My relationship with art was formed in my early childhood: nearly every week from the age of five I frequented the Hermitage Museum and still today I visit as often as possible for lectures and on my own.
A strong influence also exists within my practice reflecting my classical gymnasium education: learning antique languages lead to keenness on the context of everyday objects of an ancient past, the architecture and culture that they accompanied. I try to see myself as a maker with similar sensibilities to those of craftsmen and draftsmen of bygone eras.
During doing my degree in Ceramics and Fine Art I took part in residencies and symposiums in various countries, which gave me the opportunity to live for substantial amount of time in various places, where I relished the immersion into different cultures, lifestyles, and social networks, all while learning more about traditional and contemporary ceramic art. From this time, I found myself more attentive to nuances. I was thrilled by the poetry of my everyday life. At the core of my practice is subtle imagery, like the ageing of architecture where rigid things are softened with the touch of time, the antiquated objects of past that we no loner remember how to use, and uncertain rituals, preformed by unknowable participants.
In my practice I evade tacking any narrative to my work, letting myself work intuitively using my aesthetic preferences and tacit knowledge.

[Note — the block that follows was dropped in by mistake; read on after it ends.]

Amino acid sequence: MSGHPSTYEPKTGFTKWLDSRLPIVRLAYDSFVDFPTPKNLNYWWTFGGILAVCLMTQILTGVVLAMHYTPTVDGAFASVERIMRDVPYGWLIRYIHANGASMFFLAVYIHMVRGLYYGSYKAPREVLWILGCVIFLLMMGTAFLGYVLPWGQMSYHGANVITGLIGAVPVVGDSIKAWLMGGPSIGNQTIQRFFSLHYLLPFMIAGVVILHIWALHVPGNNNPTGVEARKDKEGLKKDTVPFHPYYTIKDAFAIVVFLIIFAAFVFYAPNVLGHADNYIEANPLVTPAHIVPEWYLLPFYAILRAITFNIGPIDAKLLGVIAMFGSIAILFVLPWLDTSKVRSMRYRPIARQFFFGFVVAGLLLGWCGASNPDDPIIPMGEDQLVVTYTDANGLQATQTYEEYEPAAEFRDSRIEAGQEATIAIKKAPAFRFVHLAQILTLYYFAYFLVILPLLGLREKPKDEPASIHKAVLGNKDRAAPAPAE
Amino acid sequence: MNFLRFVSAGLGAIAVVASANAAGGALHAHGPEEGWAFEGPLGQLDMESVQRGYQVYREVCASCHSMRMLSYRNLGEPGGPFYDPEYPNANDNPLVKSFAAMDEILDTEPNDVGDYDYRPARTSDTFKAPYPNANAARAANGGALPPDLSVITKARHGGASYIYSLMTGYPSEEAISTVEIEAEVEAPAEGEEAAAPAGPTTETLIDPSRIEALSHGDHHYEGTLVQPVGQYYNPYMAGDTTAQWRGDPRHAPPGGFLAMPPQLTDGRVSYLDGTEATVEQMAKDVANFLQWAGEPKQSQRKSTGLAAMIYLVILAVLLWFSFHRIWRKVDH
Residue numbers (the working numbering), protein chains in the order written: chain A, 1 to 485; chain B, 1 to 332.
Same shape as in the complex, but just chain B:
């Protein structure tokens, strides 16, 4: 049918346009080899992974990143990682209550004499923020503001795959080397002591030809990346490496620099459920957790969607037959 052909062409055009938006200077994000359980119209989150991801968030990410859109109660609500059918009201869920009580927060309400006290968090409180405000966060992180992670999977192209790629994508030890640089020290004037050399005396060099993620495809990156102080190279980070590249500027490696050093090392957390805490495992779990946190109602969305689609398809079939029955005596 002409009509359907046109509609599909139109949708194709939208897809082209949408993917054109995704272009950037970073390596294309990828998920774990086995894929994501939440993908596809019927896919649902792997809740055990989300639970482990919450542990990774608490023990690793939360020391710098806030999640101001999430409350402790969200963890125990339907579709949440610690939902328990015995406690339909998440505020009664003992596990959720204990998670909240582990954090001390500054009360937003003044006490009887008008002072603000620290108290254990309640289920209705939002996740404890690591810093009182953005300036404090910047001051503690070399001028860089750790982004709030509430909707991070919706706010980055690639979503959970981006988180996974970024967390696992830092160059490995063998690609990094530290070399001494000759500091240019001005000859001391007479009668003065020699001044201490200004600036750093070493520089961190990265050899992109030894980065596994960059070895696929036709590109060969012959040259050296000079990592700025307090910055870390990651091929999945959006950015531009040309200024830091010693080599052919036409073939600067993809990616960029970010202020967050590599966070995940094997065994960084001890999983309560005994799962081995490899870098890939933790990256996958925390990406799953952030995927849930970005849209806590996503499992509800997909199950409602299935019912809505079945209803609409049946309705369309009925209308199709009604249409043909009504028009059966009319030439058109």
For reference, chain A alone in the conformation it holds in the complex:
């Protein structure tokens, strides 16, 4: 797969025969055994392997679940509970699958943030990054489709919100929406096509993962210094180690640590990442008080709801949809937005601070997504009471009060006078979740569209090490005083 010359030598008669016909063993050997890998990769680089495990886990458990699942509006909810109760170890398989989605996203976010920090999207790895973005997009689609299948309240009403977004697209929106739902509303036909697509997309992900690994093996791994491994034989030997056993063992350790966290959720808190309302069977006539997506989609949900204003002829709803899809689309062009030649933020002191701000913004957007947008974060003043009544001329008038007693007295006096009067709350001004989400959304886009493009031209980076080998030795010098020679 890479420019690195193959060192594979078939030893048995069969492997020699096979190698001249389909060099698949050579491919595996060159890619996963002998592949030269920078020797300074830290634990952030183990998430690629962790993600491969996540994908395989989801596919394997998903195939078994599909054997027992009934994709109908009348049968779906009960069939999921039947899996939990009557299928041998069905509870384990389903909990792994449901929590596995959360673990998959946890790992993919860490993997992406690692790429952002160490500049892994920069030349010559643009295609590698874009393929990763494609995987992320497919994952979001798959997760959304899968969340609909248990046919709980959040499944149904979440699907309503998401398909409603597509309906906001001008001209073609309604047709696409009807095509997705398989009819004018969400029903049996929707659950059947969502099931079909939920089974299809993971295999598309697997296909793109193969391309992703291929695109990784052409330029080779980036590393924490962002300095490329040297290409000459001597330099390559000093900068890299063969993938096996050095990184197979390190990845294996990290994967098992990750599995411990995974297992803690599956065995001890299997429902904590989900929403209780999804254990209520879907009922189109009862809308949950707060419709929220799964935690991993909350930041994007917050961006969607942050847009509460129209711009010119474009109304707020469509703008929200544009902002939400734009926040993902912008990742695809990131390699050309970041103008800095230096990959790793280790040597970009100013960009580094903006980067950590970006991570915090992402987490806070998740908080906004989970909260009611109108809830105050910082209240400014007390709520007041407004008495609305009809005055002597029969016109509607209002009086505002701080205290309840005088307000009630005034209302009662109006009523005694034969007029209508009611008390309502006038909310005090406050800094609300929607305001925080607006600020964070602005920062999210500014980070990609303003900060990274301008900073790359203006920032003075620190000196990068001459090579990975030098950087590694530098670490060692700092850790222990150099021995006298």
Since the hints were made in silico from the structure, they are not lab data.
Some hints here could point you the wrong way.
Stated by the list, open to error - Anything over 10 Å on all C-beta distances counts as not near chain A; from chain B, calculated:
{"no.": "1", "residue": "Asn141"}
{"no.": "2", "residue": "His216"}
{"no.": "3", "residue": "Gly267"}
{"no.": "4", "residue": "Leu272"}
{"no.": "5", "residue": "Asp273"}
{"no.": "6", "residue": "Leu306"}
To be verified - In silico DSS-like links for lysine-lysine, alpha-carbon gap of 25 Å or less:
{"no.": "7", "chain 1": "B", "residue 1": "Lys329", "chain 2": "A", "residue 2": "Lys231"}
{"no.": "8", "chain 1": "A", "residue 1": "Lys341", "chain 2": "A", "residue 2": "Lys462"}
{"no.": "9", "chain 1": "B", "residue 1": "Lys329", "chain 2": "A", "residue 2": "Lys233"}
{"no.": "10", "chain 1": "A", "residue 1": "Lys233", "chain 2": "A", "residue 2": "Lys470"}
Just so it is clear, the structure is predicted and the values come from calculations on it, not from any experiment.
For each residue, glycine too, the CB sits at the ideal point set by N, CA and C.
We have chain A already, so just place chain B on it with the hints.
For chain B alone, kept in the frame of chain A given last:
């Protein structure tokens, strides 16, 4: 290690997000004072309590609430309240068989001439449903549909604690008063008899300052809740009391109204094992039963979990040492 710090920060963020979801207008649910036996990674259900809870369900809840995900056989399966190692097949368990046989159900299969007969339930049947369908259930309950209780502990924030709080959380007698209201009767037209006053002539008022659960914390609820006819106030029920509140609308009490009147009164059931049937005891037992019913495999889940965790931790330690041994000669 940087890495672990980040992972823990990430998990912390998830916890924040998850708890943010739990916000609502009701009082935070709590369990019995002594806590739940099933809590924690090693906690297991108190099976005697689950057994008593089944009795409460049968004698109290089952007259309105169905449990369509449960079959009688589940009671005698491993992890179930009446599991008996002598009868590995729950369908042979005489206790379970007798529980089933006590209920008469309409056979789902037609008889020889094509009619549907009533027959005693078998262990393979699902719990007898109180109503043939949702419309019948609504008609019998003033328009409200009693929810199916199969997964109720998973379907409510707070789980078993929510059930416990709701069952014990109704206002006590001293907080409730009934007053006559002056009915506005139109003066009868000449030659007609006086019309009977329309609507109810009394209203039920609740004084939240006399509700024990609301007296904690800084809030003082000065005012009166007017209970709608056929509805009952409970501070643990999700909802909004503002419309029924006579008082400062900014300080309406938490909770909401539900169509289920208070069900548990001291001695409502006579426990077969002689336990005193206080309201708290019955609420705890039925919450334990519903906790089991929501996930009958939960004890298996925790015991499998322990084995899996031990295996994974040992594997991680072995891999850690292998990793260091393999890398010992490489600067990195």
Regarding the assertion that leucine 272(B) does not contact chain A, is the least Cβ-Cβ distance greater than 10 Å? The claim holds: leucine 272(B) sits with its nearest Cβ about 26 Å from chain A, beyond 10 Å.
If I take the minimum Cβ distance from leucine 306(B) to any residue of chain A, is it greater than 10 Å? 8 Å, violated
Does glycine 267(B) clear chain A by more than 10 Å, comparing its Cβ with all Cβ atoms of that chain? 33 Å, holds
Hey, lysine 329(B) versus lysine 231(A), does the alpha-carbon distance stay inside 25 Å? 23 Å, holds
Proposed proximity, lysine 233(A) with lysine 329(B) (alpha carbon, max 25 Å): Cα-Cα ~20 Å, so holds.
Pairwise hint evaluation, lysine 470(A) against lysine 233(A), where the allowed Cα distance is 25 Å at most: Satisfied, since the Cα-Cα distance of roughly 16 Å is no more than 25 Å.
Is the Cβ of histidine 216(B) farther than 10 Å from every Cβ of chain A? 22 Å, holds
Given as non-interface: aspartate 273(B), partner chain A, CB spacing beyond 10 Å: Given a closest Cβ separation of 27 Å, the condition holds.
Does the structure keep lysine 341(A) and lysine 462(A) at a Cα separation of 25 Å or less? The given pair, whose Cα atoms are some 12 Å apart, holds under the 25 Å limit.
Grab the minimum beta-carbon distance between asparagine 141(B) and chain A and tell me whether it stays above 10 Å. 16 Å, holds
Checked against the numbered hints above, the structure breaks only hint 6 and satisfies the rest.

In my work I animate minimalist constructivist architectural forms. I seek to avoid direct, narrow, or exact images or symbols. I base my artwork on poly-cultural signs, such as house, body, and ritual objects. I come to them through research on various cultures and always bear in mind their reflection on my own reality, my everyday life. This way every artwork has a personal meaning for me, but I prefer it to be a more ambiguous experience for the viewer, leaving open the possibility of variability in the interpretation of the work.
I’ve situated myself on the opinion that there are a number of symbols which have made their home somewhere in the human subcortex. These images touch a viewer’s unconscious strings. That’s why I tend to present the viewer not with visually bright imagery or new unseen forms, but with what I see as these prehistoric and stable symbols clustered in laconic shapes, which sit in the back of every person’s mind. Those symbolically minimal images create a subtler relationship between the viewer and the artwork, intuitional and true.